sexual activity and relationships. Probably the most important discovery Josephine Alibrandi makes in the novel is about her own multiculturalism. On page 234 she describes the confusion she felt when kids in primary school used to ask her what her nationality was. If she said she was an Italian they would tell her she was an Australian because of where she was born and if she said she was an Australian they would tell her she was a 'wog'
Teenagers In Todays Society
TEENAGERS IN TODAY S SOCIETY. How society and the media perceive teenagers does not necessarily represent reality. Not all texts are designed to tell the real story but ...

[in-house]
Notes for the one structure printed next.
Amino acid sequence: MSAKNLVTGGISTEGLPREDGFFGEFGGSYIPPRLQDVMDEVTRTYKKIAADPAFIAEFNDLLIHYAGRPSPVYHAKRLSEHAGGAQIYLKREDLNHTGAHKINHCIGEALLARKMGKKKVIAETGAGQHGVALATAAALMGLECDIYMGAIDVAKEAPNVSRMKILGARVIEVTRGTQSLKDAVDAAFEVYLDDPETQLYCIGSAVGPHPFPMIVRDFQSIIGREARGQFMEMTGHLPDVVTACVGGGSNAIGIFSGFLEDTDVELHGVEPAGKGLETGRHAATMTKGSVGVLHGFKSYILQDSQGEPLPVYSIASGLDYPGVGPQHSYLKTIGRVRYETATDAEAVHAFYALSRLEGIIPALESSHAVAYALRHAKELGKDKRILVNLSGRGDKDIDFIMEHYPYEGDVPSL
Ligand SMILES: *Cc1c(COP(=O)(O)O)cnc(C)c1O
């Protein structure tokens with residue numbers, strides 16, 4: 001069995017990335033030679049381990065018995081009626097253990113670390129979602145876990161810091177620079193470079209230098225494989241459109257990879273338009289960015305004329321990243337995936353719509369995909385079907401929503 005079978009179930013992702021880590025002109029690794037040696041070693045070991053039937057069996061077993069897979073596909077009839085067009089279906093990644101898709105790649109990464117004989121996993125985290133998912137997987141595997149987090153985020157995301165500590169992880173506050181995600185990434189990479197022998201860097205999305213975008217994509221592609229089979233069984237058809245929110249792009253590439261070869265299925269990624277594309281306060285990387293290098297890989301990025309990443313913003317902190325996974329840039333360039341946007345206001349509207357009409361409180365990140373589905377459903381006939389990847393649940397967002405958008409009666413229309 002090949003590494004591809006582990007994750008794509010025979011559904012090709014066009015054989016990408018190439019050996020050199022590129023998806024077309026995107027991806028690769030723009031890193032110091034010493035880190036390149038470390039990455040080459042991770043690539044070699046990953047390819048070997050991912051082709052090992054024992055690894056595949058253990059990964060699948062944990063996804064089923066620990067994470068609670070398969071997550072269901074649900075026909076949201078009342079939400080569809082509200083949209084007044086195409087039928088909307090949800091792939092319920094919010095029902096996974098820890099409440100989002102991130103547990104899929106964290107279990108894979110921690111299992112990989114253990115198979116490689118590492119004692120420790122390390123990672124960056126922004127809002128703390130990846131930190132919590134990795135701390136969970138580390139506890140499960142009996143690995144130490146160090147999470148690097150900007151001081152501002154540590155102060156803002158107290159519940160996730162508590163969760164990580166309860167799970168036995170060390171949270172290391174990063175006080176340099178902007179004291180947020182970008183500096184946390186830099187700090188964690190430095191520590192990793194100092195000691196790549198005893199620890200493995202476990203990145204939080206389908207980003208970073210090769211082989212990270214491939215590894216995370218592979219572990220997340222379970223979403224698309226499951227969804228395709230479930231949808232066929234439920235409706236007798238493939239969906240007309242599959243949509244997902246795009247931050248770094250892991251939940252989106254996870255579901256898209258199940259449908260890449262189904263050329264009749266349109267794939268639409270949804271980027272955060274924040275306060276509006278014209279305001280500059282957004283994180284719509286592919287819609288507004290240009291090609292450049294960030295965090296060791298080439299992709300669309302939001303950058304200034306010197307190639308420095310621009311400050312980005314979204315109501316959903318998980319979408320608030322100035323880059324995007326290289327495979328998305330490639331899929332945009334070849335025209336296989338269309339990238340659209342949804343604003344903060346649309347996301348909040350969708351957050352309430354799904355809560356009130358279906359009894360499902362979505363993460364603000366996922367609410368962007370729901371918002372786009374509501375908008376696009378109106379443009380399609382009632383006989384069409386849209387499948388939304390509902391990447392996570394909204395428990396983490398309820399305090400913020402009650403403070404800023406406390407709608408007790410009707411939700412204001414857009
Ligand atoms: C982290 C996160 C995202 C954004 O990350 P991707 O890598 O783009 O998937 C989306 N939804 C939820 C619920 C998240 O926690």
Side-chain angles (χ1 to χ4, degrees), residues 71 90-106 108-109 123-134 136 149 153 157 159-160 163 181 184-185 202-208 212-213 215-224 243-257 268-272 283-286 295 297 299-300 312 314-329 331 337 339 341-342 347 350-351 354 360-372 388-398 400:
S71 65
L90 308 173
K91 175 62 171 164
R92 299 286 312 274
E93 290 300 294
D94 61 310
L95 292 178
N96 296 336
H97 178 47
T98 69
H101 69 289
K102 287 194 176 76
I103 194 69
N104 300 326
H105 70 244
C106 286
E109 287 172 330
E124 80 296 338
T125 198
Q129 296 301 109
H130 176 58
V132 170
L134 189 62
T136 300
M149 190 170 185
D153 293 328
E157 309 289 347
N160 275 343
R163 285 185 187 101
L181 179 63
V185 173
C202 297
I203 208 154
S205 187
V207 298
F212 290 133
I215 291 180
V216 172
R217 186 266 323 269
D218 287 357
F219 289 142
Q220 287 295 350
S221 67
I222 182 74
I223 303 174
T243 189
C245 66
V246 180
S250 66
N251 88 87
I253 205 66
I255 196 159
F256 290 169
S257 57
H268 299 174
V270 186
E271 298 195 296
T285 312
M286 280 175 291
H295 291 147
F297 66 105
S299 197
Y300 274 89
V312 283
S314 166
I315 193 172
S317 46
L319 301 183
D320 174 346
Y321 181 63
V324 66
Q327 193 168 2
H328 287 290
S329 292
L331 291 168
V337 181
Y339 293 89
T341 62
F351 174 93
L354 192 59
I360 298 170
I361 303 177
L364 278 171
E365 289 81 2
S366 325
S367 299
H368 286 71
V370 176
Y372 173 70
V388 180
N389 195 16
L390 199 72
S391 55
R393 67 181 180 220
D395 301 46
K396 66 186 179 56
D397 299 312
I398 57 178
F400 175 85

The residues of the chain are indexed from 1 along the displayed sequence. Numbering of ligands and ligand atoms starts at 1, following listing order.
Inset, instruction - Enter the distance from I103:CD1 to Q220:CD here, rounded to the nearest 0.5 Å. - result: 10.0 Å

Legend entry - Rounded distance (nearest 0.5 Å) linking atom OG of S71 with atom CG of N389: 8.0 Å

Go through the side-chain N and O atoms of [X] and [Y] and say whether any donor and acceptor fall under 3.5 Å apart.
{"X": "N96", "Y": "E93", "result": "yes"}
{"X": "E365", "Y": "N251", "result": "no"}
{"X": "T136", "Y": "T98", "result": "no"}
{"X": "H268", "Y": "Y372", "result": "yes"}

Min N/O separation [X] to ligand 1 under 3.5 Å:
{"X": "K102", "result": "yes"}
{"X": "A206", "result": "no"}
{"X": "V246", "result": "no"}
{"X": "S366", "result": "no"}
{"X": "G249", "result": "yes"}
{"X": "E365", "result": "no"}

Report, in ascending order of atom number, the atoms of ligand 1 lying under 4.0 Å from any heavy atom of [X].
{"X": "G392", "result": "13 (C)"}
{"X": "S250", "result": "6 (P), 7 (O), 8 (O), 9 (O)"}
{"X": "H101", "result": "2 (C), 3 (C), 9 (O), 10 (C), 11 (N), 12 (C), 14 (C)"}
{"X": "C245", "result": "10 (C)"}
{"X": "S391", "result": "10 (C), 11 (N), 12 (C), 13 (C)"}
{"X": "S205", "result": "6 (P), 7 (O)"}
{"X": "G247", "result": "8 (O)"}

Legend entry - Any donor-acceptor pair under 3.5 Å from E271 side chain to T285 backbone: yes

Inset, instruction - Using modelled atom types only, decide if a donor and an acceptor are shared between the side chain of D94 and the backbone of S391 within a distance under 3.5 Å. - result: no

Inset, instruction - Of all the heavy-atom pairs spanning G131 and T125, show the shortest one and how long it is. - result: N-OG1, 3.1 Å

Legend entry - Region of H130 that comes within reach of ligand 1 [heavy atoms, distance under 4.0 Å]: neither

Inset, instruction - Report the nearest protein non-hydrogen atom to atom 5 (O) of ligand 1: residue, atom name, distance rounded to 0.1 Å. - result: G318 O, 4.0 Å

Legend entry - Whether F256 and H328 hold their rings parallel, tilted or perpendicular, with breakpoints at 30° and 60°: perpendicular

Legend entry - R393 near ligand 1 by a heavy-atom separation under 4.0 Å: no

because of what she looked like. She writes, "and I wanted to kill myself because I was so confused. She shows her uncertainty and frustration in not being totally Italian and not being totally Australian either because of the relationship her Grandmother had with Marcus Sandford and also the relationship her mother had with Michael Andretti. On page 219 Josephine expresses her desire to be either one or the other nationality. She admits, "Now all I want to be is an insignificant Italian in a normal Italian family. Throughout the novel however, Josephine seems to sort out her frustration and confusion, as she makes discoveries which help her to do so. She realises that she and her family are not just one nationality but are both Australian and Italian. She knows that she cannot totally escape her Italian culture, "simply because like religion, culture is nailed into you so deep you can't escape it."(page 175). She also realises that they have fit in well as Italians in Australia unlike other ethnic people. On page 202 she says "A different Australia emerged in the 1950's. A multicultural one, and thirty years on we're still trying to fit in as ethnics and were still trying to fit the ethnics in as Australians. I think my family has come a long way." Near the end of the book Josephine shows her conclusions and certainty about her identity. On page 258 she states " I'm not sure whether everyone in this country will ever understand multiculturalism... But the important thing is that I know where my place in life is." A few lines along she shows that she is now proud to be an Australian that has Italian blood in her. " If someone comes up and asks me what nationality I am, I'll look at them and say that I'm an Australian with Italian blood flowing rapidly through my veins. I'll say that with pride.." One lesson that Josephine learns or a discovery she makes, especially through the life of one of her friends, John Barton, is about the importance of social standing and wealth in ones life. At first she thinks that because John comes from a wealthy family who is well known and is top of everyone in everything, he doesn't have any problems compared to her. She thinks she has many more problems in life because she is given a hard time about her ethnic background and she is of very low social class. She begins to realise however that being of high social standing doesn't make your life easier. This discovery starts when John tells her, " It's different for you, you haven't got any pressures in life. I've always had to be the best because it's expected of me." She shows that she still doesn't fully understand that wealth and high social class doesn't make someone happy, when John dies. She says on page 234 "How dare he kill himself when he's never had any worries! He's not a wog.....how could somebody with so much going for him do that?" Again she is told by Michael Andretti that she is wrong in thinking that wealth and social class have anything to do with happiness. He says "A person doesn't necessarily have to be happy just because they have social standing and material wealth Josie" (page 235). This input from yet another character helps her in her discovery of the truth in this area of life. She seems to have finally learnt this lesson when she is talking to Jacob Coote and says, "I'd hate to be as smart as John. I mean he was really, really smart and to be that smart means you know all the answers and when you know all the answers there's no room for dreaming." Supplementary Material 1. "Dream life in Australia turns sour for migrants" - non-literary, newspaper article from The Age, March 1992. A newspaper article called "Dream life in Australia turns sour for migrants" from The Age describes the disappointment and hardship a family who migrated from Argentina to Australia, faced. The family tells how they were told wonderful stories about work in Australia but went there and could not get a single job interview in the husband's profession. Ms Rauber, the mother and wife of the family says, "We left our country, our families. We came to Australia to start a new life for us and our children." The author of the article, John Masanauskas writes, "Ms Rauber explained how the dream turned to a nightmare". The Rauber family, mentioned in the article, would have experienced much the same trials as Nonna Katia experienced when she came to Australia with her